Gavin, it’s a beautiful winter’s day –
East coast, clear and bright. Let’s leave it there,
rinsed of all metaphors. Instead, let’s take a novel
for a walk – a good long, meandering walk.
Let the novel be contemporary, Scottish,
and let’s love it; let’s love its good writing,
before we even begin to discuss whatever
it is that makes it so. This is buoying us up
and, with each step, we’re joined by others,
sharing in your generosity and insight. And you’re
leaning into your laugh now – that splutter
of delight – as you dance over the pages
filling them with possibility and light. Gavin,
love gives us flight. Let’s all of us
take off, fly over the blue dashing Forth.
Let’s circle Fife – its harbours, its gentle fields,
its friendly, sociable commute. It’s late, Gavin.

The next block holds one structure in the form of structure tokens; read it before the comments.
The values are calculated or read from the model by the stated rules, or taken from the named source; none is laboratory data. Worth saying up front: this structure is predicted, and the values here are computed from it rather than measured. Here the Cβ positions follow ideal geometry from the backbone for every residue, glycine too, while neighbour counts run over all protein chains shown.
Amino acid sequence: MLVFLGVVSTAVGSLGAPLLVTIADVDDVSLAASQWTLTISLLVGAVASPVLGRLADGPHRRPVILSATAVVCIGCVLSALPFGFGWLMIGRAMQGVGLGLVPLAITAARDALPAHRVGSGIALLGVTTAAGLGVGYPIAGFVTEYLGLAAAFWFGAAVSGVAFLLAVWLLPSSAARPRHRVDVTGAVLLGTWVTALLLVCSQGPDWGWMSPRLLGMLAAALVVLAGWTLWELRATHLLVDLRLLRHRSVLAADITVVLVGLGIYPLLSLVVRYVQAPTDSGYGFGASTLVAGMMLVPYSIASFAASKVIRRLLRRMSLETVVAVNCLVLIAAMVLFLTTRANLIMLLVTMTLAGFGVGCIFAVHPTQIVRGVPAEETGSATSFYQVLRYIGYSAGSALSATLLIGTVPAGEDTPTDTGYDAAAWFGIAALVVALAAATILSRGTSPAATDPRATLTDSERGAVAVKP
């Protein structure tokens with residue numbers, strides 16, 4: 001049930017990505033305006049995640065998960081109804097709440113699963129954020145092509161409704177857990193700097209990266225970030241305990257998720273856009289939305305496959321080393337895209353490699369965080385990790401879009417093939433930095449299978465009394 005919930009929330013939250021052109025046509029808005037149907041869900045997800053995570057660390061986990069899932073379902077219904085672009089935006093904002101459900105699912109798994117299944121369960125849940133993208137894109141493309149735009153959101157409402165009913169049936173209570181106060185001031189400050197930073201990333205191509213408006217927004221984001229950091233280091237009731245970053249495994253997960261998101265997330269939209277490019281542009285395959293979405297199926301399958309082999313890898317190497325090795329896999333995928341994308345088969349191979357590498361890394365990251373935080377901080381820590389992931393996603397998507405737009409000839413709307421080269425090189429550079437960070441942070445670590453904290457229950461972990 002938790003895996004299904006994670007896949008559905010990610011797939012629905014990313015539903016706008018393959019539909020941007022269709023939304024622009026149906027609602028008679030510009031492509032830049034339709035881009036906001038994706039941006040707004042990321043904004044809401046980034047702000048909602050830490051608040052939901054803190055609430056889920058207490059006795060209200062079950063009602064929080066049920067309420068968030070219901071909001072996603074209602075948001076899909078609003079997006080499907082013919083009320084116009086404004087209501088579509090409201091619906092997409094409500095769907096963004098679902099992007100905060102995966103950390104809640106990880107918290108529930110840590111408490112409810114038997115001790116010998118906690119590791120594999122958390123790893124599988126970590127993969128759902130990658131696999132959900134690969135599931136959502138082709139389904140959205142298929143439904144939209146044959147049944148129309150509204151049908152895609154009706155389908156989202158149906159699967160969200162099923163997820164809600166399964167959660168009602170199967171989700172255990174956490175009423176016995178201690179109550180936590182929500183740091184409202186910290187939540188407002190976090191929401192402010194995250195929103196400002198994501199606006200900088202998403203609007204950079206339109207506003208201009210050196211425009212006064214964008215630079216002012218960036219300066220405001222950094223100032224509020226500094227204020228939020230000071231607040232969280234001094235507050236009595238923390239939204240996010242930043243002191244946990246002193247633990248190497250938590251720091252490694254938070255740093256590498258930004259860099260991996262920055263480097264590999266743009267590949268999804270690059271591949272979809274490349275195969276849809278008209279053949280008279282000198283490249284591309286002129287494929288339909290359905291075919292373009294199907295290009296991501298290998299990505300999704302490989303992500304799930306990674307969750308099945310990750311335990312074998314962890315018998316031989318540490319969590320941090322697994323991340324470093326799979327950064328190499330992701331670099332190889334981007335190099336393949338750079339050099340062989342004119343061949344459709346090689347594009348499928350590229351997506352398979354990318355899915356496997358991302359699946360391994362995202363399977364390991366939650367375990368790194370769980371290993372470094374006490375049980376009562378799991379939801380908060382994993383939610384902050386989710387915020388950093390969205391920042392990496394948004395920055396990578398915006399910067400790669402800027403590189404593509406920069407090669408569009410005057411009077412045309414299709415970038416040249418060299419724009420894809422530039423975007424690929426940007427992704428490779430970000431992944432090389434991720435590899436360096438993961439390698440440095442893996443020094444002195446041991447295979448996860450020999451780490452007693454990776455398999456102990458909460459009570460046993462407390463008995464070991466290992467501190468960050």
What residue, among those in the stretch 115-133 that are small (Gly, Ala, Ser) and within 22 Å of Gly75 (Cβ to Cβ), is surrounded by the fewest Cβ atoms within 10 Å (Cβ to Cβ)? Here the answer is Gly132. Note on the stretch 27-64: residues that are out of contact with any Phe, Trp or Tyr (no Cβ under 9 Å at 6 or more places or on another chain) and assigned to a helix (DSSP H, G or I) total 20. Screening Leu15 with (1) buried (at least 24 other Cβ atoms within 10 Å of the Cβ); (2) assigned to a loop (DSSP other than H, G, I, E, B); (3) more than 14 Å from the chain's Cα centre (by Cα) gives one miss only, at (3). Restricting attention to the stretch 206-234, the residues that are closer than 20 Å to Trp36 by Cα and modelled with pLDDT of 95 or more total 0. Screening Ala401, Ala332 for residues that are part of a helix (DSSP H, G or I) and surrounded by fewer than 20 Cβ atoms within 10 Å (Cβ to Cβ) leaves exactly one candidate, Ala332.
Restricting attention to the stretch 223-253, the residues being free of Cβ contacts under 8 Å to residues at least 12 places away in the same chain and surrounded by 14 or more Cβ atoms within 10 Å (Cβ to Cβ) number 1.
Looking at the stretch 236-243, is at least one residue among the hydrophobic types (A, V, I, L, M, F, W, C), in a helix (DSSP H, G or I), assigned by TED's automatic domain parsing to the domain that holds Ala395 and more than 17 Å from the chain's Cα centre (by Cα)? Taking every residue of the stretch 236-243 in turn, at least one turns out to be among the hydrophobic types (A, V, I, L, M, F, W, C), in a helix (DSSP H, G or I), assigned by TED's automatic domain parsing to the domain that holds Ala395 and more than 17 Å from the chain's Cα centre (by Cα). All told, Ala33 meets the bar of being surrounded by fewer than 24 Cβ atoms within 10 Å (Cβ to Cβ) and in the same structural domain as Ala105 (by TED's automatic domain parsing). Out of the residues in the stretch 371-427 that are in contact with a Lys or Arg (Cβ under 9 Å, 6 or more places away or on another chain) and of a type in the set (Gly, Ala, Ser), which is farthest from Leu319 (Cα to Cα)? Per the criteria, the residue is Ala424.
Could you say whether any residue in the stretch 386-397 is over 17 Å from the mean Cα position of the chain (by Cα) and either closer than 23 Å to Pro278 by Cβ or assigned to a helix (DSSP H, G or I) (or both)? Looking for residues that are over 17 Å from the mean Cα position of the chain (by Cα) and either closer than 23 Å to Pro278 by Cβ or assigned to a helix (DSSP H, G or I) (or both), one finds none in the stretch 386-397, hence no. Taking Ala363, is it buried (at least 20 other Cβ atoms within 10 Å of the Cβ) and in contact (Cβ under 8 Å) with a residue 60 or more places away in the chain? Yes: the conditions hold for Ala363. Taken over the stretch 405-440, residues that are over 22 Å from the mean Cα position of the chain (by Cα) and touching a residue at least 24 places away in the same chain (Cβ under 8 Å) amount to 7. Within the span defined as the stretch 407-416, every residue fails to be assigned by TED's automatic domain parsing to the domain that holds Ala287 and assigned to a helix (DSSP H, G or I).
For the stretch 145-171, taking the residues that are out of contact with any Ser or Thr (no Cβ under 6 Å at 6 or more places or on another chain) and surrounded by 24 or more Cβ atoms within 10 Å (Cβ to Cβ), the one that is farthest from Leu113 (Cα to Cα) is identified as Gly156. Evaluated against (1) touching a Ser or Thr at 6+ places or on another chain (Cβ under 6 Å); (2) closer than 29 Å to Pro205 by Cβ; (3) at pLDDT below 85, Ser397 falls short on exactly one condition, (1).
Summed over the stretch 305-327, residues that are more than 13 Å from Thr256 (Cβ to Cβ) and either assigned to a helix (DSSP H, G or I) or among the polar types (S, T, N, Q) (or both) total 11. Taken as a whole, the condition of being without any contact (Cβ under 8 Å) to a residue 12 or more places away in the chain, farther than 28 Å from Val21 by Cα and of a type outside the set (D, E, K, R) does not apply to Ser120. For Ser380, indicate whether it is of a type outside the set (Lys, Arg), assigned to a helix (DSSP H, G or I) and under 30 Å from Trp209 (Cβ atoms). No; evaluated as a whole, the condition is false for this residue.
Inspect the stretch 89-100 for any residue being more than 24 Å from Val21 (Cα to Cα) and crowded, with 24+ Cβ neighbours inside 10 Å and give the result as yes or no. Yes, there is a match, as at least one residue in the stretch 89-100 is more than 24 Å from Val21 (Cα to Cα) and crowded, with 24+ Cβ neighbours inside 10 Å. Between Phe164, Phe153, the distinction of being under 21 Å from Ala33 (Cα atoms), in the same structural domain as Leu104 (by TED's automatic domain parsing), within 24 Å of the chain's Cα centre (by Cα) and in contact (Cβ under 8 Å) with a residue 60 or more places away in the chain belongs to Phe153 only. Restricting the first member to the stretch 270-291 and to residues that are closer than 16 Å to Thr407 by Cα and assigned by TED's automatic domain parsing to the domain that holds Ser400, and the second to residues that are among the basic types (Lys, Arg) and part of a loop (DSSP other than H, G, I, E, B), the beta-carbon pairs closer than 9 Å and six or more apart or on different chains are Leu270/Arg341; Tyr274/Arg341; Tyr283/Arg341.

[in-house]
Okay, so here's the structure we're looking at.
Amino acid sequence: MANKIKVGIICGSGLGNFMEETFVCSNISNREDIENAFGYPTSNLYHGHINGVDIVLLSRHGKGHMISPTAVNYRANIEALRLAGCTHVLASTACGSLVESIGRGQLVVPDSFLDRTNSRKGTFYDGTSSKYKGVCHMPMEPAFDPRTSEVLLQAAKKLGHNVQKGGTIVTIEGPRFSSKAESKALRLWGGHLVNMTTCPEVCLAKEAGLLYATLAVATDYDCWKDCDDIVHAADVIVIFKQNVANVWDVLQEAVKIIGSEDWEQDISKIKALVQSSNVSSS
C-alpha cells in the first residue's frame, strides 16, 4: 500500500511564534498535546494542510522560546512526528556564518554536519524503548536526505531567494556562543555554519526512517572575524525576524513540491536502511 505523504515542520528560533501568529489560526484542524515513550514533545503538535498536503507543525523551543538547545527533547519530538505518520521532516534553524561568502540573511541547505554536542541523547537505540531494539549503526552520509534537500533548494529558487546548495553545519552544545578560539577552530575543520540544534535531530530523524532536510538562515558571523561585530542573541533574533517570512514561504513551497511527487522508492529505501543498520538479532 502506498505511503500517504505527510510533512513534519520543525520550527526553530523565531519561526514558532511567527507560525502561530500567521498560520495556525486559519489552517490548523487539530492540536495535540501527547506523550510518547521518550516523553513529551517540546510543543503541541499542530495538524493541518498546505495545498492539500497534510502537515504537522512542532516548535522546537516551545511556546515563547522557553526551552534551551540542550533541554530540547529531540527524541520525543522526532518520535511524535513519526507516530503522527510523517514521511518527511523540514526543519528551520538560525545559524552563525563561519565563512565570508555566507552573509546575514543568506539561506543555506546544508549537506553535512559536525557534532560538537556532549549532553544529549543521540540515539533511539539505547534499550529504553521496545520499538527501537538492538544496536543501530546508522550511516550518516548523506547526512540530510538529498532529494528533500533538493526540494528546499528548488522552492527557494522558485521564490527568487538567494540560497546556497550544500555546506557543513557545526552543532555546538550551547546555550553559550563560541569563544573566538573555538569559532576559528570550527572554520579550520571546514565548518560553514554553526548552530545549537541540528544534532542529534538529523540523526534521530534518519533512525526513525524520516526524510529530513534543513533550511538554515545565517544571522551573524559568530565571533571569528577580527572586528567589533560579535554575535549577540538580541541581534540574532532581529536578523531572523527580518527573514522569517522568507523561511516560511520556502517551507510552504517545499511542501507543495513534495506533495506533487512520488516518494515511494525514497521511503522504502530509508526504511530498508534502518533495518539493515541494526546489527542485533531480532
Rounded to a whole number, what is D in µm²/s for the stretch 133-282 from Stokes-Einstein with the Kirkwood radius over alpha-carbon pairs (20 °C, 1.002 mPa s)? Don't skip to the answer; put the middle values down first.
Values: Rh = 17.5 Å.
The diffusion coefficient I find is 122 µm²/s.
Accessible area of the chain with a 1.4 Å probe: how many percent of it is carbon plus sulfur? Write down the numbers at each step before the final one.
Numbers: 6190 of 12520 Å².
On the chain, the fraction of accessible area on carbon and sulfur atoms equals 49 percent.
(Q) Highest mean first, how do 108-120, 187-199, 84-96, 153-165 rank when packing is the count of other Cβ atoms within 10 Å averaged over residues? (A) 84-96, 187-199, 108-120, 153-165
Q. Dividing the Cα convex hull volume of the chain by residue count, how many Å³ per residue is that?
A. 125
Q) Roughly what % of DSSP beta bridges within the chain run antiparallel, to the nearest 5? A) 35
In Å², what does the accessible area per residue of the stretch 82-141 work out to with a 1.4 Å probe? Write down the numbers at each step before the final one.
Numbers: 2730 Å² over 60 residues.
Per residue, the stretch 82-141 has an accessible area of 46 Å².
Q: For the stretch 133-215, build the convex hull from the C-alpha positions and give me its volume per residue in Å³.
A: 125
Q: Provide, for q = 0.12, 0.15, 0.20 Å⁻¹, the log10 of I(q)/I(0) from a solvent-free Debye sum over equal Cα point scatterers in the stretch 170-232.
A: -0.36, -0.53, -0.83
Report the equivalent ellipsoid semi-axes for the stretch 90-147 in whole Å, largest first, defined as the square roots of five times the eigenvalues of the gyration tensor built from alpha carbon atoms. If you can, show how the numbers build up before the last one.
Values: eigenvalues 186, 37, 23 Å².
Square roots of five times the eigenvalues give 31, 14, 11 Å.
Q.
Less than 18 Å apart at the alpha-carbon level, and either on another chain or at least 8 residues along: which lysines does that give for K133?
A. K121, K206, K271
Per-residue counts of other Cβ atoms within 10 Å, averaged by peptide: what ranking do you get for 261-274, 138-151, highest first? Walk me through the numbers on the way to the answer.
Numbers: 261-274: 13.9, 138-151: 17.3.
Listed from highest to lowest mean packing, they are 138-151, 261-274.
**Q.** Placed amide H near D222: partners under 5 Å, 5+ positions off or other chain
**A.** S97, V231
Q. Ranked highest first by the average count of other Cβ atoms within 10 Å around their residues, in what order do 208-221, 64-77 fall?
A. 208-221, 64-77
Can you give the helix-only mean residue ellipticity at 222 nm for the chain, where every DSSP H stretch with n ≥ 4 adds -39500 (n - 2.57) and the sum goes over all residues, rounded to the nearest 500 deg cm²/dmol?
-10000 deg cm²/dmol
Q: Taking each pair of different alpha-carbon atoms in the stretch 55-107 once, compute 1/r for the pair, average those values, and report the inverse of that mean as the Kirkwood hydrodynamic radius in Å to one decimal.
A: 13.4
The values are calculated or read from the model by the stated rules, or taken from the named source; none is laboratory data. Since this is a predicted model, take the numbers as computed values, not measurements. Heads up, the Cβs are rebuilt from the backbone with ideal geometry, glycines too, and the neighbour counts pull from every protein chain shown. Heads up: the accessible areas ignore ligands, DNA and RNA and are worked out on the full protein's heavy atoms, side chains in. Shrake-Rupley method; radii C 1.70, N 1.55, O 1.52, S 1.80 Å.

We love you, Gavin. But we’re losing height.
One last hug; one final, fulsome kiss, cheek to cheek.
And we head for home, each of us diminished.
About this poem
Gavin Wallace (1959-2013), for whom this poem is an elegy, was the Portfolio Manager for Literature, Publishing and Language at Creative Scotland, the national arts agency. He was previously deputy, then head, of the Literature Department at the Scottish Arts Council. He was a passionate advocate for Scottish literature, had worked on Cencrastus and been co-editor of the Edinburgh Review in the 1990s, and co-edited books on Scottish theatre. As Catherine Lockerbie wrote, ‘he earned the absolute respect, affection and gratitude of the literary and artistic community within which he worked. He never let protocol suffocate passion’ (see the obituary by David Robinson in the Scotsman, 6 February 2013). Tom Pow’s poem reflects this feeling of esteem and affection, and shock at Wallace’s untimely death.